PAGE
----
What to do if someone isn’t obeying COVID rules on a tour

The Four Percent



Is it safe to travel? That’s the question on travelers’ minds and here’s the answer: Uncertain. What is clear is that when we begin to move about again, group travel will be appealing because of the rules and regulations, especially for foreign destinations. Someone else will take care of the details about whether a COVID-19 test is required or whether a country is open and what its mask rules are, never mind the millions of other details.

But the escorted tour, besides having to address concerns about social distancing and mask wearing, does have one certainty: There will always be one person in your group who is a PITA — a Pain in the Anatomy. (You get to decide which part of the anatomy — arm, ankle, aorta, etc.)

Besides having someone else tend to the details, escorted tours offer travelers a chance to meet like-minded people. Some will be wonderful and others, well, others will always be late, talk too loudly, complain constantly or drink too much. Worst of all, the PITA may be a family member who brings “group pariah” status to all of you.

The pandemic may have frayed your last nerve, and now this person is on it — whoever they are.

As with all travel, be prepared to meet the challenges of the road, including safety and whether it’s wrong to want to punch out the person who seems intent on wrecking your vacation. (Short answer: Yes, it’s wrong. Resist.) Before you make plans, consider these points:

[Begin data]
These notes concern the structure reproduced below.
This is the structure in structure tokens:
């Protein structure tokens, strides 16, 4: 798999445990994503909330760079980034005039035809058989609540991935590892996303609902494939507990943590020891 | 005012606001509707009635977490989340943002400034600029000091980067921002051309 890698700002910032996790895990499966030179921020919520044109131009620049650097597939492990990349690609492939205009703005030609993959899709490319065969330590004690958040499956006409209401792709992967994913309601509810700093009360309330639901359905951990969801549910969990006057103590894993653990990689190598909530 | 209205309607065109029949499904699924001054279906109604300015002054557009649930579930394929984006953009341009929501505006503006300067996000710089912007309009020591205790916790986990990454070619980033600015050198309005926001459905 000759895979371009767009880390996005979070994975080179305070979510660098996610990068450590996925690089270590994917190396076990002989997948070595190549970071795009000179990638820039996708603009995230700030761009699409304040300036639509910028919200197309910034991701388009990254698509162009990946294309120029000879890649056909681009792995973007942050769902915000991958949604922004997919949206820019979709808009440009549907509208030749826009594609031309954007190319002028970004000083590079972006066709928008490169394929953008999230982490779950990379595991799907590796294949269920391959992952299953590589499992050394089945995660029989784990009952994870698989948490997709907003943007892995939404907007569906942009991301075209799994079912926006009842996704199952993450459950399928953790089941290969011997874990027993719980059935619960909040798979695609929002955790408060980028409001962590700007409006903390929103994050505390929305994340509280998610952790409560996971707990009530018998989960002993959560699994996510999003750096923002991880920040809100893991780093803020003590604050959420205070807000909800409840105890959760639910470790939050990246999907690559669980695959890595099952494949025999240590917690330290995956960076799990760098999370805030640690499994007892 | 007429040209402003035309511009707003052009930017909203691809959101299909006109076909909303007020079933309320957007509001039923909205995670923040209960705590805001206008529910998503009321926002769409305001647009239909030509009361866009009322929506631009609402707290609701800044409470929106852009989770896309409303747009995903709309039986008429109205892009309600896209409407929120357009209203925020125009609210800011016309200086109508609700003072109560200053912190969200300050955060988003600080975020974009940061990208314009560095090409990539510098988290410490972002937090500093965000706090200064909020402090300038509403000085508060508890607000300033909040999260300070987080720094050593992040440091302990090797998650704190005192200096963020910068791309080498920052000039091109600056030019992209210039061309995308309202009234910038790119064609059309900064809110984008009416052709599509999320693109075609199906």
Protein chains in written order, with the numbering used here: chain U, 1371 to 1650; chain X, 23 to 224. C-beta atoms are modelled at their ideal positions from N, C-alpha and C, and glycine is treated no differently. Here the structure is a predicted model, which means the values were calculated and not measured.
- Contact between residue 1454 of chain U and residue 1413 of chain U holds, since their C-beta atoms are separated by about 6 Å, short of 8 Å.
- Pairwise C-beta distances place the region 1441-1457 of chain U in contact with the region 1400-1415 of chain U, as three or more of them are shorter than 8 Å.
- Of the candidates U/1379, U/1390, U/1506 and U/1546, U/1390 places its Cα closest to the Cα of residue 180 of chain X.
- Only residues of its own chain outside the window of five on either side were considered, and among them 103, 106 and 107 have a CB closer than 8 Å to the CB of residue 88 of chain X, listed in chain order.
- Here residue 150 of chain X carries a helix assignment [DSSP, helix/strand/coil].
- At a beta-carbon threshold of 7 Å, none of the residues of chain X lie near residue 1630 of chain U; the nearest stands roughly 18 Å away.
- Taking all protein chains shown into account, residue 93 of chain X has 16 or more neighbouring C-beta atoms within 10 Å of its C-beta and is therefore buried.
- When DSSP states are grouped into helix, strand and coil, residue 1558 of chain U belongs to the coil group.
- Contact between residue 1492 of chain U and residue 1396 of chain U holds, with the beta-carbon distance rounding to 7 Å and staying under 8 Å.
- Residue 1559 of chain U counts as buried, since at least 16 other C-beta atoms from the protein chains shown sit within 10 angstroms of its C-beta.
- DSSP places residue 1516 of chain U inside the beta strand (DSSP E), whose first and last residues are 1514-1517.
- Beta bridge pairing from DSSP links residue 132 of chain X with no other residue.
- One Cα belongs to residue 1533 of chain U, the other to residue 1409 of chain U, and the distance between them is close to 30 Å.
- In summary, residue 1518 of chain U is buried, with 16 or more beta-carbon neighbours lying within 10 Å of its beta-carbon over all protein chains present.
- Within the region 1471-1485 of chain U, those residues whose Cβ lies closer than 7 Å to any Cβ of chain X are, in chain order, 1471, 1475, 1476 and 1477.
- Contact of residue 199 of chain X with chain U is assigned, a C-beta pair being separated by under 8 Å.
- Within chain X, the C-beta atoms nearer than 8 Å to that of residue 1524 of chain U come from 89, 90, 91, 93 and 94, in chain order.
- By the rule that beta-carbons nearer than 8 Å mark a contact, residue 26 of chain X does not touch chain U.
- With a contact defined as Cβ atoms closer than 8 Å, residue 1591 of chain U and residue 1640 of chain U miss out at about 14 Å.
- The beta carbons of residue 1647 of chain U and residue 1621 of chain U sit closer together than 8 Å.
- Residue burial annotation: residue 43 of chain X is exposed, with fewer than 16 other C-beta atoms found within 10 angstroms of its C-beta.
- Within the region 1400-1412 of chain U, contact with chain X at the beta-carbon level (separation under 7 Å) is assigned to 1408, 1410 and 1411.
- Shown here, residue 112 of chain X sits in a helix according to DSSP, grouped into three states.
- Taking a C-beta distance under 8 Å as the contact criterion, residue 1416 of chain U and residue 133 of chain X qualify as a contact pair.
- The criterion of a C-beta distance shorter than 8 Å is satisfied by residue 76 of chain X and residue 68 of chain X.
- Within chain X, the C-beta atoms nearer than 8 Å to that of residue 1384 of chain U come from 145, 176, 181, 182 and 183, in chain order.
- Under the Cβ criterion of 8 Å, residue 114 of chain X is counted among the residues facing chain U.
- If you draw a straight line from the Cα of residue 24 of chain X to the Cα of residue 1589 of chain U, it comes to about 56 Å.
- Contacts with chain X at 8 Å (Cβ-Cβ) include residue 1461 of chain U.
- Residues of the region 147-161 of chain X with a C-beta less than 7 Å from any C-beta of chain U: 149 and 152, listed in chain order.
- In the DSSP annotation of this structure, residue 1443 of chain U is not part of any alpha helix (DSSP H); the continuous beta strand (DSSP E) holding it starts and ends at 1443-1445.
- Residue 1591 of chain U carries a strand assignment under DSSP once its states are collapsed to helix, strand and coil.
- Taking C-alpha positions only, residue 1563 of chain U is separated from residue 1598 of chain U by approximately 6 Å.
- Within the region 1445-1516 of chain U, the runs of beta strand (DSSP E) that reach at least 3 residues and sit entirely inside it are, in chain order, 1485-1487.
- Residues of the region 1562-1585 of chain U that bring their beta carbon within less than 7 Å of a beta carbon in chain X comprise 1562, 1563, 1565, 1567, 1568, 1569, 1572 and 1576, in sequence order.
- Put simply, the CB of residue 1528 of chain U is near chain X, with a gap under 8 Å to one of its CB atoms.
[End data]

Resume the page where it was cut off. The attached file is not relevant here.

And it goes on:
Is it safe to travel? “Unfortunately, it is … impossible to answer this,” said Dr. Paul Chung, chair of health systems science and a professor at Kaiser Permanente’s Bernard J. Tyson School of Medicine in Pasadena. It’s not a yes or no answer. “It’s always about weighing the risks versus the benefits,” he said.

Be honest with yourself and know that “risk rises with the level of uncertainty,” he said. Wherever you go, be it the grocery store or the airport, you will encounter people and places whose back stories you don’t know.

“Travel increases your chance of spreading and getting COVID-19,” the Centers for Disease Control and Prevention website notes. It urges vaccination as soon as it’s available to you, testing, masking, social distancing and following governing guidelines for your destination.

If you’ve worked out your risk versus reward equation and you’ve decided the rewards outweigh risk, here’s the next question, given this stressful year:

Is traveling, which has its own complications, asking for more psychological trouble?

Not necessarily if you’re willing to prepare for what Michele Nealon calls “travel hiccups.”

“Traveling is simultaneously a stressful situation and a very happy situation,” said Nealon, a clinical psychologist and president of The Chicago School of Professional Psychology. You can’t anticipate everything that could go wrong on a trip, but you can plan how you will react, she said. If a flight is canceled, for example, consider beforehand how you can make the best of it. Stay calm. Take a walk or do something physical to discharge your stress, which is pent-up adrenaline, she said.